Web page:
Ruth Dugdall’s new book spins around one striking event.
A child plummets from the Humber Bridge. He is seen by a schoolteacher, who had been fishing on a day when he might have been – some would say should have been – at a union rally. He plunges into the water, in front of his stunned teenage daughter, in a desperate attempt to rescue the child. His cause is hopeless; the boy is lost.
CCTV footage and witness statement led the police to two young brothers, who had fled from the bridge as the boy fell. They were tried, convicted, and imprisoned; but of course that wasn’t the end.
This story begins eight years one, when the younger of the two brothers – who had been known to the media as Humber Boy B – was released. He was given a new identity, and he was expected to start a new life, leaving everything and everyone he had know behind.
Responsibility for the newly renamed ‘Ben’ fell to probation officer Cate Austin. That’s what made me eager to read this book, when the subject matter would usually make me wary. I read Ruth Dugdall’s two earlier novels that followed Cate’s life and work a few years ago, and I was very impressed.
The perspective is interesting, because this is a crime novel about not detection and investigation but the consequences of crime and what happens in the future to the accused and the convicted. It is clear that the author, a former probation officer, knows of what she writes; and I appreciate that Cate is utterly believable as a professional woman. She’s a a single mother, who copes well with her teenage daughter, and her daughter’s relationship with her father, who lives nearby with his new family. And she is good at her job, aware of the importance of the work of the probation service, and of the difference if makes.
Her own story is secondary, but it has similarities with the case she has been assigned without that ever seeming contrived. There are many thoughtful touches like that in this book.
Ben’s is the highest profile case Cate has ever had to manage, and she is apprehensive. She is well aware that there are many who believe that he shouldn’t have a fresh start in life, that he hasn’t been punished enough, and there will be some who to find him. She knows that media coverage and social media pose a threat. She also knows that after eight years – from the age of ten to the age of eighteen – in an institution ‘Ben’ would have a lot of adjusting to do, that it would be difficult, that success was by no means guaranteed.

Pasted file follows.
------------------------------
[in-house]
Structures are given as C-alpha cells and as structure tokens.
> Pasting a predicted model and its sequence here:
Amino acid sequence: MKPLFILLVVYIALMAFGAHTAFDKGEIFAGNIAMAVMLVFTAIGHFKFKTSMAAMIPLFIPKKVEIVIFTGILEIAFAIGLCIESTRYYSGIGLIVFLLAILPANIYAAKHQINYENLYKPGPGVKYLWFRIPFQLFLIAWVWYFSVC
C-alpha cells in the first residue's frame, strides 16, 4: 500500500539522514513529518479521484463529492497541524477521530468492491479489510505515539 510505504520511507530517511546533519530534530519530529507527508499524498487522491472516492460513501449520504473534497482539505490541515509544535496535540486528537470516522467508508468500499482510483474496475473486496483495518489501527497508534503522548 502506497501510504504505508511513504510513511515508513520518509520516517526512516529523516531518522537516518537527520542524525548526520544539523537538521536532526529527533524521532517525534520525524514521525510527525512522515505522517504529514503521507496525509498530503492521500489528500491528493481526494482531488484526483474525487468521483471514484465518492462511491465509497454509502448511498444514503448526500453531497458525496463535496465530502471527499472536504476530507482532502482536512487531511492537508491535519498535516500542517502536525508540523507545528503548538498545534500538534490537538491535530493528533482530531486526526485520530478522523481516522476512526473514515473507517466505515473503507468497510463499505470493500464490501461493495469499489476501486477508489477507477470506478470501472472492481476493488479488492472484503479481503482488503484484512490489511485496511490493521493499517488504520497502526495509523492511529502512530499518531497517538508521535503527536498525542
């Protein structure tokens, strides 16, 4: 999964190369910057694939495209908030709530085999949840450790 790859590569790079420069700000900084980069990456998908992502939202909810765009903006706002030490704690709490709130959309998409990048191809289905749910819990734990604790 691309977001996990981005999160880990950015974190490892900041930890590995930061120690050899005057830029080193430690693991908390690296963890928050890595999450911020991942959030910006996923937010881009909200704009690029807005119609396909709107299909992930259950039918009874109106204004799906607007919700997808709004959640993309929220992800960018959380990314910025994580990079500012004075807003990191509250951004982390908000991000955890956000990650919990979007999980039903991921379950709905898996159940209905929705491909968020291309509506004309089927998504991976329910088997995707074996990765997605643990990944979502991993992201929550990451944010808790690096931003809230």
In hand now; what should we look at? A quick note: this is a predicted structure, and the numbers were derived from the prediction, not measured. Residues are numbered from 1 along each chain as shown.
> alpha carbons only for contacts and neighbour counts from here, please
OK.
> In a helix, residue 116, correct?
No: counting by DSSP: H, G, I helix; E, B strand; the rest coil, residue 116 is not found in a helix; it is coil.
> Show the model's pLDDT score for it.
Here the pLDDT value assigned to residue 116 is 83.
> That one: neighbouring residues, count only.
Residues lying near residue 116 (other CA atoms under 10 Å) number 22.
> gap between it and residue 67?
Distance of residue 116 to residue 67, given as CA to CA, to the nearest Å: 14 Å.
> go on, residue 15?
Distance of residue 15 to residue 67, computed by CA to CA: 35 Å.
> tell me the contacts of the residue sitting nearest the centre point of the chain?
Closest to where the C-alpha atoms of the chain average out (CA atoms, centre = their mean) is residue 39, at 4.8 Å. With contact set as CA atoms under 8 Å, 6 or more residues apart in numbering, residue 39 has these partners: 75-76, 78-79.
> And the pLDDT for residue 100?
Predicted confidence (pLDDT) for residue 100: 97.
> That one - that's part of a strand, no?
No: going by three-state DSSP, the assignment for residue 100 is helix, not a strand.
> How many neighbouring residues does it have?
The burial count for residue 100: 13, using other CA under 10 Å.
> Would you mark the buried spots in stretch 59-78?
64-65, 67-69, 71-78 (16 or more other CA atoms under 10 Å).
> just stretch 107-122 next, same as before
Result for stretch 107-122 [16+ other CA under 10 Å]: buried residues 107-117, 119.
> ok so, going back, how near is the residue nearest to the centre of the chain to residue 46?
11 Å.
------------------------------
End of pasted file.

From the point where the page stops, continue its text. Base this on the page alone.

The story moves, quite naturally, between different perspectives in the past and in the present.
A picture of that day in the past is built up slowly, from the accounts of those who were close to events, or those who crossed paths with those involved. It’s very effective; making it clear that there was a chain of consequence, and that many lives were affected. It was clear that those should have cared and supported ‘Ben’ let him down badly; it was also clear, as his story in the present unfolded, that the system that had been supposed to rehabilitate him and prepare him for his new life had failed.
Cate did what she could, and she wanted to do more, but she was constrained by her superiors who felt that enough time and money had been spent on one undeserving young man, and by changes to the way the probation service was expected to operate.
Even though I knew what he had done, watching ‘Ben’ trying to deal with things was moving. He had no idea how to live in the new flat he had given; he didn’t know what things cost; he didn’t know how buses worked or where to go and what to do; he didn’t know how to be around people, or who he was supposed to be.
And then there were extracts from the Facebook page created by the mother of the dead boy, who wanted to find Humber Boy B. Not, she said, because she wished him harm but because she wanted to meet with him, to talk to him, to try to understand what had happened. There was another poster though – ‘Silent Friend’ – who wanted more for the bereaved mother, who seemed more than ready to act on her behalf.
All of these threads work together to move the story forward, with the question of what happened – and what would happen – always hovering.
The style is understated, the story of what has happened – what is still happening is clear, but it is never sensationalised. And though there is an obvious parallel between this story and Jamie Bulger case, there are enough differences and enough respect for this story not to feel exploitative. The understatement was very effective, because it made the tragedy, the horror, of what had happened all the clearer.. The ending was unexpected; it turned everything on its head, and it still has me thinking.
This is a book that works as a human drama, it works as a social study, while remaining a very good – and very readable – piece of crime fiction.